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HIPAA Privacy Rules Considered in Recent Mental Health Bill

The House of Representatives recently passed a bill that discusses the importance of HIPAA privacy rules for patients being treated for mental health issues.

By Elizabeth Snell

The House of Representatives passed the Helping Families in Mental Health Crisis Act (H.R. 2646) last week, which has a provision stating that more clarity is needed around existing HIPAA privacy rules. It is important to reduce any confusion that may potentially hinder communication with mental health caregivers, the bill states.

House passes mental health bill with HIPAA privacy rule consideration

Furthermore, there is also greater clarification needed on how PHI can be disclosed. Greater training is also necessary for healthcare providers, lawyers, patients and their families when it comes to PHI disclosure situations, particularly when such information can be given without patient consent.

“When individuals with [serious mental illness], even after efforts to help them understand, have failed to care for themselves, there exists confusion in the health care community around what is currently permissible under HIPAA rules,” the bill explains. “This confusion may hinder communication with responsible caregivers who may be able to facilitate care for the patient with SMI in instances when the individual does not give permission for disclosure.”

The HIPAA Privacy Rule does address how healthcare organizations are required to treat patient records when an individual is being treated for mental health conditions. For example, healthcare providers are allowed to communicate with a patient’s family, friends, or other persons involved in the patient’s care.

“The provider may ask the patient’s permission to share relevant information with family members or others, may tell the patient he or she plans to discuss the information and give them an opportunity to agree or object, or may infer from the circumstances, using professional judgment, that the patient does not object,” the HIPAA rule states.

READ MORE: HHS Final Rule Differs from HIPAA Regulations on Data Sharing

HIPAA also specifies that there are special considerations around psychotherapy notes:

Psychotherapy notes are treated differently from other mental health information both because they contain particularly sensitive information and because they are the personal notes of the therapist that typically are not required or useful for treatment, payment, or health care operations purposes, other than by the mental health professional who created the notes.

Along with patient privacy considerations, the recently passed legislation also hopes to increase the amount of psychiatric hospital beds, bring accountability to mental health spending and help patients get treatment sooner. There are also provisions to reauthorize suicide prevention programs and authorize a minority fellowship program for mental health professionals.

Additionally, the legislation calls for the need to codify a Medicaid managed care regulation, which would allow optional state coverage of Institutions for Mental Disease services for adults.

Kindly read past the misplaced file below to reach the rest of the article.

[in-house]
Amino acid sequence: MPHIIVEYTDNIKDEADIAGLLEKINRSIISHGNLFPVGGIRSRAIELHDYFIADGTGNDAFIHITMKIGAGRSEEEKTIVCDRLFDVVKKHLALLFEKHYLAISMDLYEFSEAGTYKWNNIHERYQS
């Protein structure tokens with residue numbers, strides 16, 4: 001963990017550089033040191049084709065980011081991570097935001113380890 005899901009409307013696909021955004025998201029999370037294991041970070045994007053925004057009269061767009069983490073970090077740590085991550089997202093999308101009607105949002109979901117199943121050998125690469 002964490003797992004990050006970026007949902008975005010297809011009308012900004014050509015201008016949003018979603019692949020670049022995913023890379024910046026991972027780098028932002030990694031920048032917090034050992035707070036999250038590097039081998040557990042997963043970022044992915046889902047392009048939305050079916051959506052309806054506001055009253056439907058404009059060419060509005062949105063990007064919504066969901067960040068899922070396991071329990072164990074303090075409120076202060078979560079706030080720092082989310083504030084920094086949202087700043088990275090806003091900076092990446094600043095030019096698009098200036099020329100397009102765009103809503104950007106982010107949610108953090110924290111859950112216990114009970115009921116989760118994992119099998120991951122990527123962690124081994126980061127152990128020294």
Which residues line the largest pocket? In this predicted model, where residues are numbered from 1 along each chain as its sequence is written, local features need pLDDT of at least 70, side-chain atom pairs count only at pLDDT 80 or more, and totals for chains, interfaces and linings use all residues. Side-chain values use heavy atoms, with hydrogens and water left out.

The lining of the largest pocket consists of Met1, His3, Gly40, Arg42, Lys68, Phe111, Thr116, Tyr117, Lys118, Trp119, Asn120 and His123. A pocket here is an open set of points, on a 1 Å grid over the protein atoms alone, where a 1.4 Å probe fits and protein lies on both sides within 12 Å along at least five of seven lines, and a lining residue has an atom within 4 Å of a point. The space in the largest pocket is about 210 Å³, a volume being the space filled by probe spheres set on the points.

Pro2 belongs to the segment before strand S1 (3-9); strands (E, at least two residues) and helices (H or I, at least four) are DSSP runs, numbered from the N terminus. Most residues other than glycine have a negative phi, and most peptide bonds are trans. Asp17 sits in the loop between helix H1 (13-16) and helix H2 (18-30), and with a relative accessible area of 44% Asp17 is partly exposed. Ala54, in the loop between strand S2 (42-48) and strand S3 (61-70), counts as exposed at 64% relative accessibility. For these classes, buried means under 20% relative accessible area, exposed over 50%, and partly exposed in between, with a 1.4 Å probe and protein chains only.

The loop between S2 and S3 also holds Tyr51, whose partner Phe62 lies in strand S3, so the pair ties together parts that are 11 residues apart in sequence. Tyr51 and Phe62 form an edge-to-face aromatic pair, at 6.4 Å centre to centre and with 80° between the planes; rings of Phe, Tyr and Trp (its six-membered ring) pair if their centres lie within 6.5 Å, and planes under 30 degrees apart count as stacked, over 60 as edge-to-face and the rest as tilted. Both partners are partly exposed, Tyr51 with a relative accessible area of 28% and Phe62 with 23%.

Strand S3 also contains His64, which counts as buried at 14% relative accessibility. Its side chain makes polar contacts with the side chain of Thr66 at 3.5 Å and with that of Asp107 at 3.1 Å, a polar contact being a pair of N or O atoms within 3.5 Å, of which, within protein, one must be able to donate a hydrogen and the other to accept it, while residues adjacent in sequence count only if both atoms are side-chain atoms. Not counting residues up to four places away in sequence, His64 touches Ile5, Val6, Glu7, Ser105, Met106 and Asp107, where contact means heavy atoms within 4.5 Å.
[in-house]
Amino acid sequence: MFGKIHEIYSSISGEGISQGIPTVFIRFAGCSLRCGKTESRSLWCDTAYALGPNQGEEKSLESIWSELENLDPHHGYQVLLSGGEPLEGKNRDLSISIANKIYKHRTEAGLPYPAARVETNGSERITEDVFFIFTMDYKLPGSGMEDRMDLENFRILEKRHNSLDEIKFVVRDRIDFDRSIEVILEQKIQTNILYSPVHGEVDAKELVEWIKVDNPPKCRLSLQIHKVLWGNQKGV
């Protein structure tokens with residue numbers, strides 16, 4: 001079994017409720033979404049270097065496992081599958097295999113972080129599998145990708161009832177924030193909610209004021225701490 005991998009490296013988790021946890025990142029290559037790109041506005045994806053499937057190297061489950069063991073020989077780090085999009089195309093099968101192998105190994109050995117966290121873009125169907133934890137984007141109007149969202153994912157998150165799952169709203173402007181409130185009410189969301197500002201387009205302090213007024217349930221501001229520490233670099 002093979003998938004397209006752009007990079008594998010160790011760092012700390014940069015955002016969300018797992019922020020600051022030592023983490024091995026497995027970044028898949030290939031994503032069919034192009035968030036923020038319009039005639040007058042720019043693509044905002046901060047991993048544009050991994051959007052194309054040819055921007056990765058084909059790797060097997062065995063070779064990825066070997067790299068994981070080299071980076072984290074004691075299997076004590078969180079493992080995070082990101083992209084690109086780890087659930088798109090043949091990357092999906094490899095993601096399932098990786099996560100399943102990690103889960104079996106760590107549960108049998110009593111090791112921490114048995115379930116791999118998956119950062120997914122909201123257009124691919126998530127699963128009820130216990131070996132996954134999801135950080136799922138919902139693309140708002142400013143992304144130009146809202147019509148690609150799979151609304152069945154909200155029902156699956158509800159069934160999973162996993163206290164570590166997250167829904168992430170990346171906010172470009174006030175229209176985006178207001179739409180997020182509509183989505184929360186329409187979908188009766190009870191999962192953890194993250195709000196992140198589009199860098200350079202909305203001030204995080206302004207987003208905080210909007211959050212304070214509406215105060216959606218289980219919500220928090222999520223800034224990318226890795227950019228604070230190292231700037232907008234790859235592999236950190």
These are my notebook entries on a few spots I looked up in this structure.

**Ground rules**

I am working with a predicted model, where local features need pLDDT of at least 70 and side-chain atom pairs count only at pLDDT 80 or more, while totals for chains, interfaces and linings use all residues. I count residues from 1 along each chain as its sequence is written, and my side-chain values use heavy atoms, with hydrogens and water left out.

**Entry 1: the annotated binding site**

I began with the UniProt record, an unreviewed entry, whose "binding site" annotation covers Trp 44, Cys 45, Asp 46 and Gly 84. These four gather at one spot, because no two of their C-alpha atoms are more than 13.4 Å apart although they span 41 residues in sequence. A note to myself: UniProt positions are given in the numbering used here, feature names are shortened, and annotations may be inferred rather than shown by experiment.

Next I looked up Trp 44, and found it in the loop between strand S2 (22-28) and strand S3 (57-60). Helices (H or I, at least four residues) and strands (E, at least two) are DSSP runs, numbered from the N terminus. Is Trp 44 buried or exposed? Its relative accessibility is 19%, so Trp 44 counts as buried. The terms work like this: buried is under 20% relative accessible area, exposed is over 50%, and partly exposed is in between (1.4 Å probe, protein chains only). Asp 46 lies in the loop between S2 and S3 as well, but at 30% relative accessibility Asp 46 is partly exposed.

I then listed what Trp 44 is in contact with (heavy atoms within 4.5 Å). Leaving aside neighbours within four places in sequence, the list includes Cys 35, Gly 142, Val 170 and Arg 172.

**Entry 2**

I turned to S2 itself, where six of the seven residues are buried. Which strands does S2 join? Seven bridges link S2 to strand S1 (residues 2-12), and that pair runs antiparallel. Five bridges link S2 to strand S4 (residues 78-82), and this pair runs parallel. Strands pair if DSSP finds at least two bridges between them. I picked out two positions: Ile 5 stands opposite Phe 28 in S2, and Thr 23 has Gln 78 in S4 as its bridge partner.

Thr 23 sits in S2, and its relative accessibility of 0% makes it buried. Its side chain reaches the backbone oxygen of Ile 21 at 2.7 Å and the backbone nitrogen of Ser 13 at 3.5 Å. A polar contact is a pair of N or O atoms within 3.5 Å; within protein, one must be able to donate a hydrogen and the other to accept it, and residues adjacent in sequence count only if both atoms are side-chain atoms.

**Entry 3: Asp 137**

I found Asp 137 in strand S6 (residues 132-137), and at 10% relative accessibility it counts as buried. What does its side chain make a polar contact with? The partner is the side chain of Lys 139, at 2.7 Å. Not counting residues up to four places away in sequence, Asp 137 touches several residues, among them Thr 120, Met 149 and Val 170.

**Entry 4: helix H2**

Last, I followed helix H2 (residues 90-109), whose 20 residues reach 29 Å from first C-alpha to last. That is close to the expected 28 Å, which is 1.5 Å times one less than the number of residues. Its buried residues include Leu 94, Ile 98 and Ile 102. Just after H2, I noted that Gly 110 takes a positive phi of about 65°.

The vote passed with a 422-2 vote, and had been reintroduced by House Energy & Commerce Oversight and Investigations Subcommittee Chairman Tim Murphy (R-PA) and Rep. Eddie Bernice Johnson (D-TX) last year.

READ MORE: Patient Privacy Concerns Eased with Senate Bill Progress

Murphy said in a statement that the vote “welcomes a new dawn of help and hope.”

“We are ending the era of stigma,” he maintained. “Mental illness is no longer a joke, considered a moral defect and a reason to throw people in jail. No longer will we discharge the mentally ill out of the emergency room to the family and say ‘Good luck, take care of your loved one, we’ve done all the law will allow.’ Today the House voted to deliver treatment before tragedy.”

Just last month, the American Hospital Association (AHA) announced its support of H.R. 2646, and the House Committee members’ efforts to reform the nation’s behavioral health system.

Previously, the AHA had voiced its concern over language in the original bill that related to HIPAA regulations and that patient fear of inappropriate PHI disclosure may have led to a refusal to seek treatment.

“We thank you for taking a responsible approach to this issue and adopting language requiring the Health and Human Services (HHS) Secretary to clarify the circumstances in which covered entities may disclose protected health information of a patient with a mental illness,” the AHA wrote in a letter to members of Congress. “We also thank you for including a requirement that the HHS Secretary identify, develop and disseminate model programs and materials for training patients and their families regarding their rights to protect and obtain protected health information.”

READ MORE: How HIPAA Rules Apply with Law Enforcement Investigations

The bill also calls for the creation of an Assistant Secretary for Mental Health and Substance Use (ASMHSU), which would replace the Administrator of the Substance Abuse and Mental Health Services Administration (SAMSHA).

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